Edward Snowden seeks meeting with human rights groups, report says

<i>This post has been updated. See the note below for details.</i>

MOSCOW -- Edward Snowden, the self-professed leaker of classified National Security Agency documents that revealed secret U.S. government phone and Internet surveillance programs, has asked for a meeting with lawyers and human rights activists, Russia’s Interfax news agency reported Friday.

Snowden, a fugitive from U.S. authorities, is apparently still holed up in the transit zone at Moscow Sheremetyevo International Airport, an airport official said, according to Interfax. The former national security consultant arrived at the airport on June 23 after a period in hiding in Hong Kong.

U.S. officials have vowed to pursue and extradite Snowden, who was charged by federal prosecutors last month with two violations of the Espionage Act and the theft of government property.

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The request for a meeting was sent to Russian representatives of Amnesty International, Transparency International, Human Rights Watch, a Polish civil rights group and a U.N. representative in Russia. Russian Human Rights Commissioner Vladimir Lukin was also invited, the Interfax report said.


Snowden also intends to make a statement, the details of which were not disclosed, the report said.

Snowden “intends to express his attitude toward a maniacal persecution campaign unleashed against him by the U.S. administration resulting from which passengers of air flights bound for Latin America are exposed to danger,” the unnamed airport official told Interfax.

A meeting between Snowden and representatives of the human rights groups was set to take place at 4:30 p.m. local time at the Sheremetyevo transit zone, a Foreign Ministry official said.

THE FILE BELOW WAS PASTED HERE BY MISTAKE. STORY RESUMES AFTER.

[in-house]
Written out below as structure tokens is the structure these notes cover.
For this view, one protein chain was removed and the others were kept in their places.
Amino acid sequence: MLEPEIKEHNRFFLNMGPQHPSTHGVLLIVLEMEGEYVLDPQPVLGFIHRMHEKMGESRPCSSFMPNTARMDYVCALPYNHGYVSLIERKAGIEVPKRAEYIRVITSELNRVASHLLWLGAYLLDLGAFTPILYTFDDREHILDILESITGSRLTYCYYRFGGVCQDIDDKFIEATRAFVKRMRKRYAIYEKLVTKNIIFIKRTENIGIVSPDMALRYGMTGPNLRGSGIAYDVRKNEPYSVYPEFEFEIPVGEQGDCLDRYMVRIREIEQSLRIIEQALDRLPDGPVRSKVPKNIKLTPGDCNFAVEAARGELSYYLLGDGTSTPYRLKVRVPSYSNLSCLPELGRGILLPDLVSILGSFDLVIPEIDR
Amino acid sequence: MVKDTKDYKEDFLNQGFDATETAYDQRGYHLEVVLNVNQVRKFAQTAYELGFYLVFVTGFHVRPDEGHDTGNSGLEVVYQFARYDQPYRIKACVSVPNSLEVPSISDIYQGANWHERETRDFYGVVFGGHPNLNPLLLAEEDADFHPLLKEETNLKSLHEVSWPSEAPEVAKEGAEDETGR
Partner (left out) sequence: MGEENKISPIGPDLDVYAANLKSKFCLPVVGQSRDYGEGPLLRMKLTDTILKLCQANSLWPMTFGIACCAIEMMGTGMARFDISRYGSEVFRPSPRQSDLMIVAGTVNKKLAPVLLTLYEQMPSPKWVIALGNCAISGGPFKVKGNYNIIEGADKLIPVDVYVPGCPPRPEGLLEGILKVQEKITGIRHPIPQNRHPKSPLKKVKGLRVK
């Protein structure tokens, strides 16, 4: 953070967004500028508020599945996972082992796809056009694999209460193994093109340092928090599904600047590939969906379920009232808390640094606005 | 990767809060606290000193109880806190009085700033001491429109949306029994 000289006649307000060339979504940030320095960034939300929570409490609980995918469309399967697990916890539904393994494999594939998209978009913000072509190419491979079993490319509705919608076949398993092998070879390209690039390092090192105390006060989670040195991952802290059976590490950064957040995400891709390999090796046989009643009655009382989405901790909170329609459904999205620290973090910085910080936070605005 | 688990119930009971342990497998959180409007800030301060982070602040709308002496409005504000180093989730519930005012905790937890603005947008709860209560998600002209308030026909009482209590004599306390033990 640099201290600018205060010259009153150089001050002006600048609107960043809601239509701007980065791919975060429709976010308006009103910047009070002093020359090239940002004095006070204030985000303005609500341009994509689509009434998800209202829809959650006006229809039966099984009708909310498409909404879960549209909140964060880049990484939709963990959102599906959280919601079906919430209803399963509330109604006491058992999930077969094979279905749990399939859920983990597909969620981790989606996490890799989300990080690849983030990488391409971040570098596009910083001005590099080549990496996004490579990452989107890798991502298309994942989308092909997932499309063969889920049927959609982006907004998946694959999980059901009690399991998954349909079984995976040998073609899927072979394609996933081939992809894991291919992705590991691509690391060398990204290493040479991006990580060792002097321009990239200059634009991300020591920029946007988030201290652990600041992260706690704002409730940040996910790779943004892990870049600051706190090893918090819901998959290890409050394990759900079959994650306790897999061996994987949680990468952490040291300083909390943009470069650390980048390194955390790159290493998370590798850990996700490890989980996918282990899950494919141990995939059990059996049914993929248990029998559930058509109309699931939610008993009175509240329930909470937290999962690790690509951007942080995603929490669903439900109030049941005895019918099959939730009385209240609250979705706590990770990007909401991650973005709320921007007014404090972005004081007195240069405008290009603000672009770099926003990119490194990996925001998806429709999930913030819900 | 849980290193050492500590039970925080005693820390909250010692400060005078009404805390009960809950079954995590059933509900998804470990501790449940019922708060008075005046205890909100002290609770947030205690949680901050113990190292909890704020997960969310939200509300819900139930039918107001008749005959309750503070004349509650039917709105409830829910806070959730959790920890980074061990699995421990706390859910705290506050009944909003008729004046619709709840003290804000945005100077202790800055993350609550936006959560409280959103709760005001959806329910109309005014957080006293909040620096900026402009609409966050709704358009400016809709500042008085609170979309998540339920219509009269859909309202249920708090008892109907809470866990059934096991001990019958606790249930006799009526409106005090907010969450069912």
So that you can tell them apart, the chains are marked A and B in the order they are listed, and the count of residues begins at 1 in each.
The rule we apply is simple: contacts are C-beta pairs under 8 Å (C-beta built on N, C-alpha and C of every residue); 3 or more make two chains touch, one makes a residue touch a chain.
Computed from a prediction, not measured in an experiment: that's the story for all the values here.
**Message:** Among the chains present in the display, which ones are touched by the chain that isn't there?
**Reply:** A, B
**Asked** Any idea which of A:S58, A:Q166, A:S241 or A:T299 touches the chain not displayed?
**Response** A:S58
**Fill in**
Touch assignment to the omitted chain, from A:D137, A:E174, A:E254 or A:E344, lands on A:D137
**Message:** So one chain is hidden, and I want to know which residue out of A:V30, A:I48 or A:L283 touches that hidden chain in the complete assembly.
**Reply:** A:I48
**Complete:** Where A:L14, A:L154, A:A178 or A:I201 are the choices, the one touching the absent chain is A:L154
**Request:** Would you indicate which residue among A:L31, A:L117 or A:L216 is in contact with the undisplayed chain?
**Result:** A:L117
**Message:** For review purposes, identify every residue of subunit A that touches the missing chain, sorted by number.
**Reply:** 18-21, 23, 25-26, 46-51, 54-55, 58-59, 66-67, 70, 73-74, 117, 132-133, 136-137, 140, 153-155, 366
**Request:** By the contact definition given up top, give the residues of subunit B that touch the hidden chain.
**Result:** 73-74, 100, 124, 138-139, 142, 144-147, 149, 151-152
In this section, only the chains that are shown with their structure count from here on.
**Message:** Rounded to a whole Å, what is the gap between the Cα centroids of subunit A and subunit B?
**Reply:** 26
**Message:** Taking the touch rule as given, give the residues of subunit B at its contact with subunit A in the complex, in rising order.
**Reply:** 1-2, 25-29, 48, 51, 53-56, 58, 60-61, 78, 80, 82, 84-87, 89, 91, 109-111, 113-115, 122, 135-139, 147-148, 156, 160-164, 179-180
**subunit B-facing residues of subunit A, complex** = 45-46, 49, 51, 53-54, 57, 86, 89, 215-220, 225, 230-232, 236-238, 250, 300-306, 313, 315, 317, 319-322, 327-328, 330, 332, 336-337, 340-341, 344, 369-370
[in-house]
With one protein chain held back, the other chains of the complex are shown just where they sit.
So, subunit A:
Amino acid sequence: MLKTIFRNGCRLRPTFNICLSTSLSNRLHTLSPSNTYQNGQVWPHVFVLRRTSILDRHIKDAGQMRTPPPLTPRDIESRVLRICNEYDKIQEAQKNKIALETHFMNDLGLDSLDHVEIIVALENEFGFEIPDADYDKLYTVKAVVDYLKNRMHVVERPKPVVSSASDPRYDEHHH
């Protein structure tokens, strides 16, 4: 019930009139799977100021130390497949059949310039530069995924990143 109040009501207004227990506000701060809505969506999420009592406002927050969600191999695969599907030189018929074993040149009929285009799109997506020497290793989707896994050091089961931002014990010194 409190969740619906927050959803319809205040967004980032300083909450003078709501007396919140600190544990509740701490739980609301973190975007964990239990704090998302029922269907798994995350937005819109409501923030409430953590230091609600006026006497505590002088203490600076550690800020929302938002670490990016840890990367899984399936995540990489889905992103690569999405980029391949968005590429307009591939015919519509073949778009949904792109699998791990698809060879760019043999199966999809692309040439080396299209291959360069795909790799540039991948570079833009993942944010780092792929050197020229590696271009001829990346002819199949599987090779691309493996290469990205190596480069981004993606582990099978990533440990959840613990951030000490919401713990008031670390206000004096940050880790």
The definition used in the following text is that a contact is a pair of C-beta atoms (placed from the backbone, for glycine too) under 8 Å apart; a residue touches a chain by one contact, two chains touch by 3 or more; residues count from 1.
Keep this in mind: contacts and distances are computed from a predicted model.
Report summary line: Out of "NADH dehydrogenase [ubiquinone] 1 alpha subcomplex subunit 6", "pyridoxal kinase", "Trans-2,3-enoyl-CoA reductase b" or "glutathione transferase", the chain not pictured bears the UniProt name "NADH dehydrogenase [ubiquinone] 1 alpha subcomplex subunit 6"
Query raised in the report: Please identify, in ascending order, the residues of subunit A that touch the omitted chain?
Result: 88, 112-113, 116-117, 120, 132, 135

However, it remains unclear whether the invited parties can enter the transit zone of the airport without possessing traveling documents and having their passports exit-stamped, the official said.

“Other than that, Snowden is a free man, as our president [Vladimir Putin] pointed out, and can make statements,” the official told The Times on condition of anonymity. “However, I think he will heed our advice and refrain from any more leaks, which can do harm to our U.S. partners while he is here.”

[Updated, 4:36 a.m. PDT July 12: In a letter to the human rights organizations, the text of which was provided to the Times, Snowden thanked the “brave countries around the world” that have offered him asylum.

“By refusing to compromise their principles in the face of intimidation, they have earned the respect of the world,” Snowden said in the letter.

“Unfortunately, in recent weeks we have witnessed an unlawful campaign by officials in the U.S. Government to deny my right to seek and enjoy this asylum under Article 14 of the Universal Declaration of Human Rights,” Snowden said.

He referenced the July 3 forced grounding of a flight out of Moscow that had Bolivian President Evo Morales on board. The flight was forced to land in Vienna in connection with suspicions the plane might be carrying Snowden to a welcoming Central American or South American country.

“Never before in history have states conspired to force to the ground a sovereign president’s plane to effect a search for a political refugee,” Snowden said of the incident.

Snowden said the purported attempts by the U.S. to extradite him represented “a threat not just to the dignity of Latin America or my own personal security, but to the basic right shared by every living person to live free from persecution.”]


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